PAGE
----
University Hospitals Bristol and Weston NHS Foundation Trust said the closure was a ‘proactive step’ to keep patients safe.
Weston-super-Mare MP, John Penrose, suggested the closure was not a result of a spike in cases, but to clean the hospital.
He told MailOnline: ‘As I hope everyone would expect, I’ve been meeting local health chiefs to get to the bottom of this.
‘They say the hospital isn’t full and there are enough spare beds, but they’re worried about cross-infecting non-covid patients, so they want to stop new arrivals until they’ve deep-cleaned it and checked all the staff too.
‘They’re running tests which they hope will reveal the truth of it, so we should know more once the results come in.’
Mr Penrose added: ‘At the moment there’s no evidence to show if the outbreak is connected to visitors on the seafront or something completely different and, rightly, they don’t want to speculate or guess.’
Furious locals, however, have been quick to blame tourists who took advantage of the new lockdown rules, which allow people to travel anywhere they want in England and spend unlimited time outside.
The beaches in Somerset and elsewhere have been packed with tourists, fuelled further by rage that government official Dominic Cummings recently broke lockdown rules but has not been reprimanded.
On Facebook, one local said: ‘People start flocking to Weston, then cases spike in Weston.
‘It’s not rocket science to work out that cramming on the beach, not social distancing has played a big part in this. Stay in your own counties!
‘Many people would have gone to Weston with the virus and a lot more would have left with it and will now be spreading it around their own communities too!’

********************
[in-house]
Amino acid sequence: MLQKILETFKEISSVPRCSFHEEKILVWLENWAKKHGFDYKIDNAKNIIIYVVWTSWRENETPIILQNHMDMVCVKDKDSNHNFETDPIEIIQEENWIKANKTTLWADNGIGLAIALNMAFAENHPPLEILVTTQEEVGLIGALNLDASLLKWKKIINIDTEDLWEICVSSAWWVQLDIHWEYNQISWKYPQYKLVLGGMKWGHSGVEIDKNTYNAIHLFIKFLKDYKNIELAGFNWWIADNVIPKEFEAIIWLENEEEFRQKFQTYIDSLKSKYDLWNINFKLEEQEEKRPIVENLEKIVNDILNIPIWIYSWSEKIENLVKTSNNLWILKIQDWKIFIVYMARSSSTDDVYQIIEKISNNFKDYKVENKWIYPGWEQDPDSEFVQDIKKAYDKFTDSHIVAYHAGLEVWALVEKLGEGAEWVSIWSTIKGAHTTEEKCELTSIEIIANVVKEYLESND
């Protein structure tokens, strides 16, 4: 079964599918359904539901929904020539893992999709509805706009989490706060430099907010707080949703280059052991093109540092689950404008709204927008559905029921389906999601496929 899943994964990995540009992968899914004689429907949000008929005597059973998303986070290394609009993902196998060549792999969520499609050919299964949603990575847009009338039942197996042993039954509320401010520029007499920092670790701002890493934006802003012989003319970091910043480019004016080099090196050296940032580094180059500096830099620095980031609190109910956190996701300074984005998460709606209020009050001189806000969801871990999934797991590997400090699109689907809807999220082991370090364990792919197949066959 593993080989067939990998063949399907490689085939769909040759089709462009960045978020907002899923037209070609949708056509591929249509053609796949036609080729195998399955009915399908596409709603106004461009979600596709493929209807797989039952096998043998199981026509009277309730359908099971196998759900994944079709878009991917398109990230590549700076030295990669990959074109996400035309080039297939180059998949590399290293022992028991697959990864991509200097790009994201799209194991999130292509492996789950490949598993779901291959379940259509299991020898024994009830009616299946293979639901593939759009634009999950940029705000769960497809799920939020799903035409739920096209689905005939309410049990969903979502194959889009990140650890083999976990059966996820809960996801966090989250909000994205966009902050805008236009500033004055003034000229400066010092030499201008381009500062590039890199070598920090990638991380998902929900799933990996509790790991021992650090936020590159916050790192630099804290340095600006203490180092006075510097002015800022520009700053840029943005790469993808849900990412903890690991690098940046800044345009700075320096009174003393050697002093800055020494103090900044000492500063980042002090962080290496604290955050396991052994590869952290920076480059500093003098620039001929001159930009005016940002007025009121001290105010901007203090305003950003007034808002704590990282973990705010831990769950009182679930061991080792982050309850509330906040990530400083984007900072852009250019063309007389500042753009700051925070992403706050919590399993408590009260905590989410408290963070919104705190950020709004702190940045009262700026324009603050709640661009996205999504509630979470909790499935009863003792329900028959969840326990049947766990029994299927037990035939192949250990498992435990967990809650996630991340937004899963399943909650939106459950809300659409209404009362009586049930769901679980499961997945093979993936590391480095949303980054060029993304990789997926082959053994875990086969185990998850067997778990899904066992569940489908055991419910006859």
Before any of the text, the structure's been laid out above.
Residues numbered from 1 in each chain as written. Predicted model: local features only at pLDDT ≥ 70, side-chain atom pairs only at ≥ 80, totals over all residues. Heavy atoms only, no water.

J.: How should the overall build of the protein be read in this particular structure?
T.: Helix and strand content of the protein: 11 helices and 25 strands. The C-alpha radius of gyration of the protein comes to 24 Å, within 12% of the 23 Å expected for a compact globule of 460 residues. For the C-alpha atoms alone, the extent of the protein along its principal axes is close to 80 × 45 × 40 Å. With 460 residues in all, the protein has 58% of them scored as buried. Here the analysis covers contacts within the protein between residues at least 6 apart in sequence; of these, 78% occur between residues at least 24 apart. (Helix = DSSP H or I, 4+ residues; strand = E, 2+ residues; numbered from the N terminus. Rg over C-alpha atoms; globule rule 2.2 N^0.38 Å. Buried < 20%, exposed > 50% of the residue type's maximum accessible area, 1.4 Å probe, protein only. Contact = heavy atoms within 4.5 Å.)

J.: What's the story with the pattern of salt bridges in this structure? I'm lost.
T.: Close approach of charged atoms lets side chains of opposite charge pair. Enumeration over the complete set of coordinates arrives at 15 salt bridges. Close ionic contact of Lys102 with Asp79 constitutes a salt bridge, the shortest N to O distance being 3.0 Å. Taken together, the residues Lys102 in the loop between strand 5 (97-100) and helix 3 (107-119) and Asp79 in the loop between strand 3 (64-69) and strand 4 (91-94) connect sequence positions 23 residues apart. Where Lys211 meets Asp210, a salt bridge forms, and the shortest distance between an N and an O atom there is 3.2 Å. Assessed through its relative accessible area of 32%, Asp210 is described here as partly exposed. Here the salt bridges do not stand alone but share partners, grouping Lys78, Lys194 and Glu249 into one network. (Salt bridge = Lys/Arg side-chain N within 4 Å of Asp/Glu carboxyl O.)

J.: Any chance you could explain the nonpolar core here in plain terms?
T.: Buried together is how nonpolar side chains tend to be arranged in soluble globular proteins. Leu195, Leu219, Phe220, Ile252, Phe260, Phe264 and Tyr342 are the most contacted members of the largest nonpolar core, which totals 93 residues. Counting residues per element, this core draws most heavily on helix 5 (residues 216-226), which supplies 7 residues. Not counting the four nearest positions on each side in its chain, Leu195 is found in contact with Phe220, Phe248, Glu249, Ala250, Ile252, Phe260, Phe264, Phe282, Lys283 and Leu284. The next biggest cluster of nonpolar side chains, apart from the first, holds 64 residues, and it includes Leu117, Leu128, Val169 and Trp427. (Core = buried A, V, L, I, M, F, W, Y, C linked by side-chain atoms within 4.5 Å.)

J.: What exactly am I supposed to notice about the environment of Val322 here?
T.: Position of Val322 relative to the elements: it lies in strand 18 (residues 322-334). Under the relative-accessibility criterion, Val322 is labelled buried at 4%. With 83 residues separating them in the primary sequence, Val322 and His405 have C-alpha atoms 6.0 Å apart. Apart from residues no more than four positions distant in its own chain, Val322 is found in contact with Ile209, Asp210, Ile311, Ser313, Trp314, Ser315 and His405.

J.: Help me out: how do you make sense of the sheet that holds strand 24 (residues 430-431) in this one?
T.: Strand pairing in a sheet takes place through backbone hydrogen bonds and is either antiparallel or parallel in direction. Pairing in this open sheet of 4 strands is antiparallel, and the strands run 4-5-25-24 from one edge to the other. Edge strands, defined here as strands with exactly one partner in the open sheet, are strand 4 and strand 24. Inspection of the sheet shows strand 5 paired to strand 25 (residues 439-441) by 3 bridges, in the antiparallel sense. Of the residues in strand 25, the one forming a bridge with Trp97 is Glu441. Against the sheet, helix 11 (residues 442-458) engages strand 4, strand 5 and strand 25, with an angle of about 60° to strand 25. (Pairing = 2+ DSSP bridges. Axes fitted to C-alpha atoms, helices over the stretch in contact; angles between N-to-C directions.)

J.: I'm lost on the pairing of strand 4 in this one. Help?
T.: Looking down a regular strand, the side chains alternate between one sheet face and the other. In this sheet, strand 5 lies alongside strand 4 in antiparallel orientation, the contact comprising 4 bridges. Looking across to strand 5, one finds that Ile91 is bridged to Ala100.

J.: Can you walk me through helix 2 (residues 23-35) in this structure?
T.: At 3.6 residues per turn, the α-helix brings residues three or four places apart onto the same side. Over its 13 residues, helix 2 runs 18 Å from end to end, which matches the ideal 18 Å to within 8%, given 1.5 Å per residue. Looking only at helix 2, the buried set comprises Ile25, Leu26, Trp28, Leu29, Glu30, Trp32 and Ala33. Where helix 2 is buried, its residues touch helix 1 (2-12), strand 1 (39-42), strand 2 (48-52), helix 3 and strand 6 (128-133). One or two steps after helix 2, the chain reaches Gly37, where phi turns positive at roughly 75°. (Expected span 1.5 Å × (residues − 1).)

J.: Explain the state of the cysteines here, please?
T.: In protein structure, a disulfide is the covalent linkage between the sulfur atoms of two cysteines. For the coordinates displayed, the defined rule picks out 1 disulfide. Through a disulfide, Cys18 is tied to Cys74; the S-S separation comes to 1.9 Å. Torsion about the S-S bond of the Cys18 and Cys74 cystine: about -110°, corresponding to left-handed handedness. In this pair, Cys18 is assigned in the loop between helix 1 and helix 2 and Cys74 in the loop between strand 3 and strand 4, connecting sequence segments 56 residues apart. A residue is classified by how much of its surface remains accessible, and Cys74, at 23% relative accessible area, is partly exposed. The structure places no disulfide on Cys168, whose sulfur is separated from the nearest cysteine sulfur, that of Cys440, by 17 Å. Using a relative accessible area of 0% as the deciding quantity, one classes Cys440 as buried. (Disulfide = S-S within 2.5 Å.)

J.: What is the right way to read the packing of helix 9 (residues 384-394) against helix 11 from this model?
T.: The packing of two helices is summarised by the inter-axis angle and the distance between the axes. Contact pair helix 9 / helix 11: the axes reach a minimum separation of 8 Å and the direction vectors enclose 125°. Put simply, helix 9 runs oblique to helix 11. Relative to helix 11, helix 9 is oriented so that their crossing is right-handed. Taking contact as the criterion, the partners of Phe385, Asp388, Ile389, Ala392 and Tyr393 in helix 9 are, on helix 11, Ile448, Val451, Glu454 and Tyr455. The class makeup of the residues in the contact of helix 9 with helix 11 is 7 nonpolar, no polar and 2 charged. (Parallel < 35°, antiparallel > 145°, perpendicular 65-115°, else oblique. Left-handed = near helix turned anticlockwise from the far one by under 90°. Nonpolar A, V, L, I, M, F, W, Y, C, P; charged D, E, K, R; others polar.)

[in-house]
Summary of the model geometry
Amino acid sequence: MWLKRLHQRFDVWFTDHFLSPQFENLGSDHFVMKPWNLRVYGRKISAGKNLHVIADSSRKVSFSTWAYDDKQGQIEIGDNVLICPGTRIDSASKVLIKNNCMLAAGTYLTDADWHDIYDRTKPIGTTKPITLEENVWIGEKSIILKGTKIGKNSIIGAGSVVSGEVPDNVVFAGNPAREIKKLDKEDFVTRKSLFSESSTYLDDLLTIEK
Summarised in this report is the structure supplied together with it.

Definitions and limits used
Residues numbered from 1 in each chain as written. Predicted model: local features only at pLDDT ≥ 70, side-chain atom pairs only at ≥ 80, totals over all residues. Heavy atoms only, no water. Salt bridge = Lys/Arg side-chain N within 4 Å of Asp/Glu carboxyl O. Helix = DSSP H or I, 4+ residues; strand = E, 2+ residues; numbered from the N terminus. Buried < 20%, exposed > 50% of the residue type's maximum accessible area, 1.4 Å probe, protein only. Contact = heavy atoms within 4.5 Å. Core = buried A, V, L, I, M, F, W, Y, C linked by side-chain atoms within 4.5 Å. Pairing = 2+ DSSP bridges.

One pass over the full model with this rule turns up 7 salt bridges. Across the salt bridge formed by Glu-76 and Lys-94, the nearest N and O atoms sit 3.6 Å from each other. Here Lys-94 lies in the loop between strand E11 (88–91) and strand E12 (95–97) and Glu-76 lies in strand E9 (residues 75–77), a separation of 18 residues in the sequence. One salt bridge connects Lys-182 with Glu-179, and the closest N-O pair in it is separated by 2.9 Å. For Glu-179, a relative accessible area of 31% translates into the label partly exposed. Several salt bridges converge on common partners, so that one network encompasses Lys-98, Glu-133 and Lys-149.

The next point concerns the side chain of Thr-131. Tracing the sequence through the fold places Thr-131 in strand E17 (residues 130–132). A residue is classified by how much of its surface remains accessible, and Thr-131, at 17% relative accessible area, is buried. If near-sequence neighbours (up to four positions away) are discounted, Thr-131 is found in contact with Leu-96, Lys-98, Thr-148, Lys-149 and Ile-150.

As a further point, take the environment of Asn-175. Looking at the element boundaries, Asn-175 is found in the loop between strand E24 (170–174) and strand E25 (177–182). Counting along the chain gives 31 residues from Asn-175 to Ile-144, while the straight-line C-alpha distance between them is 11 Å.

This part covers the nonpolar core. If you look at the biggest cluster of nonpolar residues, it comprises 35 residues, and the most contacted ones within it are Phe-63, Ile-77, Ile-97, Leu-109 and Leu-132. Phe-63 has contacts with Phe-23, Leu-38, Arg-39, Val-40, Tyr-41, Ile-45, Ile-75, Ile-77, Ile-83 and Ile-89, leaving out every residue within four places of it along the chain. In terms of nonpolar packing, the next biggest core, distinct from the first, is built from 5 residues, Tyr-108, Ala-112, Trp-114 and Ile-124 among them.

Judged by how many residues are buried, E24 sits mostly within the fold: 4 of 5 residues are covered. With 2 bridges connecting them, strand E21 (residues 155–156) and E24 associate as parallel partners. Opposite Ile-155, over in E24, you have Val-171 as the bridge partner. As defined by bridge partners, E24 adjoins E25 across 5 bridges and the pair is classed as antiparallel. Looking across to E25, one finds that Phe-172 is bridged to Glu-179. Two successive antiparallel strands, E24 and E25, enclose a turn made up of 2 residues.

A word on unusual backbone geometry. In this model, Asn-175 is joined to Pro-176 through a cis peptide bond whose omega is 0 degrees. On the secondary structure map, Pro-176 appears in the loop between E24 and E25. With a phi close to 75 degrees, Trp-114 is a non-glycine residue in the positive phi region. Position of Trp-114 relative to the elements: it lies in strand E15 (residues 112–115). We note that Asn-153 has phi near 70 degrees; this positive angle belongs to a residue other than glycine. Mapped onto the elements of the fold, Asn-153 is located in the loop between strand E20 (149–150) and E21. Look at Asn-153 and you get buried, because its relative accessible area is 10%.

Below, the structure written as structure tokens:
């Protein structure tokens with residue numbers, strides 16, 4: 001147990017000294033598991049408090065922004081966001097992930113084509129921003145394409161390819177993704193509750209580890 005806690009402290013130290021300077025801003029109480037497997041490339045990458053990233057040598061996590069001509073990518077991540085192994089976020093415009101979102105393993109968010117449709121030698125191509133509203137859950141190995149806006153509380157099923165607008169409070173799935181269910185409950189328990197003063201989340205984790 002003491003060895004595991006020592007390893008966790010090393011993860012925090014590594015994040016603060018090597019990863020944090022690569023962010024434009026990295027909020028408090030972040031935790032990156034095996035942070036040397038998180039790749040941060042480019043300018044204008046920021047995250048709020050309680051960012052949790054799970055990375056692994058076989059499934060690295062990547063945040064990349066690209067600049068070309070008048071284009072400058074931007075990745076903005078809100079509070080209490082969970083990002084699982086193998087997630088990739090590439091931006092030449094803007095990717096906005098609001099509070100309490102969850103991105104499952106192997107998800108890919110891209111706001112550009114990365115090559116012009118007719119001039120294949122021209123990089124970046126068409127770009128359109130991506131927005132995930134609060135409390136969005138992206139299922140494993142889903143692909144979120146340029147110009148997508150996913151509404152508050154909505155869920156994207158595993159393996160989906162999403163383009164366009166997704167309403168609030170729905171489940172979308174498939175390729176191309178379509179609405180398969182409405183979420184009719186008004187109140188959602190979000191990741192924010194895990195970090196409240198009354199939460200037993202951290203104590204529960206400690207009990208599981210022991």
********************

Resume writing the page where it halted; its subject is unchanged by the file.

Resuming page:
Locals told The Sun they blame the spike on swathes of ‘irresponsible’ families travelling to the town for the early May bank holiday.
Don Trapnell, 56, who runs a beachfront cafe in the town, added: ‘The beach has been absolutely heaving with people these past few weekends.
‘They were coming from all over, some from as far as Birmingham, which is more than 100 miles away. Madness.
‘You’ve got groups of friends and families all gathering here for the first time in months, drinking booze and their kids mixing with kids from other groups. It’s little wonder the town has seen an explosion in the virus.’
It follows Mark Canniford, Lib Dem mayor of Weston and member of North Somerset Council, criticising the ‘total disregard’ for the town’s residents from day-trippers.
Speaking to The Independent, Mr Canniford said he thought it was ‘unlikely’ for the crowds at the beaches to have caused an outbreak. But admitted ‘you can’t rule it out’.
Another local speculated VE day celebrations, on May 8, may have played a role because people gathered for ‘socially distanced’ street parties.
The resident said: ‘They blame it on tourists but loads got together to celebrate VE day, and this spike coincides with VE day – it’s not always tourists.’
It comes after experts said socialising on the anniversary of VE Day was responsible for a possible influx of Covid-19 cases – and warned that more hospitals could follow if the country does not heed official instructions to stay indoors.
Dr Bharat Pankhania, a lecturer in public health medicine at the University of Exeter, told The Sun: ‘They have got too many cases and it is unfortunate as it reflects what was going on two or three weeks ago.
‘It is activities like VE Day where people drop their guard that have led to new infections.
‘If people start to drop their guard they will get infected and it will lead to a rise in the transmission of new infections.’
Many Weston-super-Mare locals have called for lockdown restrictions to be re-tightened to protect seaside spots – and for people to use their common sense.
One said: ‘This easing should have said no going outside your home county just yet, ridiculous and I feel worse to come after this last bank holiday weekend.
‘The Government needs to restrict this easing NOW!’
Another added: ‘Weston didn’t have the virus bad till Boris said people were allowed to travel to exercise, now they are coming from all over the place.
‘He is partly to blame for this, but also the tourists.
‘Use your common sense – stay local to your own town, not travel a few hours away!’
Others called for more police presence.
One said: ‘Get police to stand around and stop all them stupid people from going on the beach – they’re all selfish people.’